Farmer’s Market Destination Crumble & Whisk Opens Oakland Outpost
Crumble and whisk
4104, boul. MacArthur (at 39th Avenue), Oakland
Tentatively opening in August, but a limited menu is now available at select Bay Area Farmers’ Markets or online
Charles Farriér lives out the fantasy every foodie-slash-office-drone dreams of: one day, a homemade vanilla bean and bourbon cheesecake he brought to an office potluck for his colleagues at the law firm received rave reviews, prompting a colleague to suggest that she pursue a professional career. pastry shop.
He took that advice and started Crumble & Whisk, which started out as a mini cottage cheesecake business sold at Bay Area farmers’ markets. Nine years later, he opened his first physical store in the Laurel neighborhood of Oakland.
Prior to his time at corporate headquarters, Farriér, an Oakland native, had a passion for cooking. Her father, who cooked for his family of seven children, taught her how to use fresh ingredients and upcycle leftovers into new dishes. Paternal advice, as well as regular visits on Saturday mornings from Jacques and Julia cook at home and Martha Stewart’s baking show on KQED, helped shape Farriér’s culinary vision from an early age. (He’s frustrated, he says, with today’s barrage of game show programming at the cupcake wars and Ruthless Kitchen. “Now all of these shows are competitive,” he lamented. “No one wants to teach the art and technique of baking anymore.”)
Years later, Farriér graduated from culinary school and spent time working in the kitchens of the Purple Plum and Blackberry Bistro, but eventually left the company for an office job…until this meal – fateful sharing rekindles that spark. After some time spent experimenting in the kitchen, Farriér developed a slate of mini cheesecake flavors including beet and berry, pineapple sage and, of course, vanilla bean bourbon that has it all. sets off. Soon he was drawing crowds to the Ferry Plaza Farmers Market in San Francisco and the Grand Lake Farmers Market in Oakland.
In time, he also caught the eye of San Francisco-based culinary incubator La Cocina and luxury cookware retailer Williams-Sonoma, which struck a deal to sell his personal-sized cheesecakes. . La Cocina and a successful Kiva campaign have helped Farriér secure his new space at 4104 MacArthur Blvd., which he hopes to open in August.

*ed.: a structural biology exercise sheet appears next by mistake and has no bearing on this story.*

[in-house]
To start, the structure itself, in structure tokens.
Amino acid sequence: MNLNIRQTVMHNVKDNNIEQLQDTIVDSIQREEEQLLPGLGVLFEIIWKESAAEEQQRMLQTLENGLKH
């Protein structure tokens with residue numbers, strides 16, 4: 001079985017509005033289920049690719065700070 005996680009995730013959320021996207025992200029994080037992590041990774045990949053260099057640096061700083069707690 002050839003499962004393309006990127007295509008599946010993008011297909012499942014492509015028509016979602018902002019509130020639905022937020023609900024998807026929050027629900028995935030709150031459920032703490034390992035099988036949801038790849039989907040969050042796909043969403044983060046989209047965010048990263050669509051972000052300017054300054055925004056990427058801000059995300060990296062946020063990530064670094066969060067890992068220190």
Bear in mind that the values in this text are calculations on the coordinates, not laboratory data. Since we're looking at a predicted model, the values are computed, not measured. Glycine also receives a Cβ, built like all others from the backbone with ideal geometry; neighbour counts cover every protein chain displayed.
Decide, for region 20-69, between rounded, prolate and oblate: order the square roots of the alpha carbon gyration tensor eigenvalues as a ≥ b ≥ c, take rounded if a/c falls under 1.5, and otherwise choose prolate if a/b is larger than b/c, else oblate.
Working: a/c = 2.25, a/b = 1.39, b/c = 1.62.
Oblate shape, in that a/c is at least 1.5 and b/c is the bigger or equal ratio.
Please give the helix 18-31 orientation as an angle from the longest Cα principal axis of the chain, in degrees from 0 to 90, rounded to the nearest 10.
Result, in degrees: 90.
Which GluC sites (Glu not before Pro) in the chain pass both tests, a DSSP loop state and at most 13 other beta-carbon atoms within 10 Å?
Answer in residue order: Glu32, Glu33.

Farriér doesn’t mince words when it comes to the Byzantine process of opening a store in the Bay Area. “A lot of expenses arise that you have no control over,” he said. Although he anticipated costs for employees, ingredients and other expenses of owning his own bakery, there were a number of unpleasant surprises.
“We had a lot of plumbing issues at first, then the gas line had to be fixed, and I spent thousands of dollars to get them fixed,” he said.
“And just yesterday I had to fix our sewer line, which cost about $1,600.” Realizing that it’s rare for big banks to lend to small businesses, Farrier has launched another fundraiser in recent weeks to help cover some of its construction costs.
If you think all of this has Farriér stressed out a little, you’re not mistaken — but, thankfully, his best anti-anxiety tool is built into his business. “Pastry is actually relaxing for me, giving me a sense of peace and creativity,” he said, challenging the notion of a rigid, fussy discipline that lacks the innovative improvisation of cooking.
“Pastry has a flexibility that allows you to think outside the box and do fun things. Once you learn the technique, you can go wild creating flavor profiles.
You’ll see some of that savagery on Crumble & Whisk’s opening menu, which will include Farriér’s signature cheesecakes, mini and full-size, in flavors like Strawberry Fields, Maple and Citrus Crumble. pecans and chocolate marble. It will also offer its best-selling vegan cheesecake made with vegan cream cheese and tofu, tinted with a splash of lemon and vanilla bean paste.
Farriér also plans to expand its menu to offer a range of products outside of the cheesecake realm. Homemade cinnamon rolls, pecan bourbon coffee cake, green cardamom banana orange blossom cake, and banana pudding will all grace the menu on opening day. . Be on the lookout for fruit turnovers with seasonal homemade jams, cheese puffs and scones.
In addition to the desserts, Crumble Whisk will also offer an extensive savory menu, including a croque monsieur topped with ham, fontina, Gruyère and old-fashioned mustard; an egg salad open sandwich topped with fried capers and pickled onions; and a savory cheesecake breakfast box with Acme bread, pickled vegetables and pepper jelly from Oregon-based Kelly’s Jelly. Farriér will also offer thirsty customers cold brew chai with oat milk and homemade carrot and orange juices.
It’s this fun stuff – developing the menu, creating new dishes – that keeps Farriér going as he rushes to open his new restaurant. When asked what advice he would give to young bakers who, like Farriér, want to get into his field, he recommends building your craft first, as well as understanding that you’re not going to get rich overnight. next day. The most important thing, however, is to take care of your customers and make sure they come back, he said, because “they’re the ones who help keep the lights on and keep the business going. afloat”.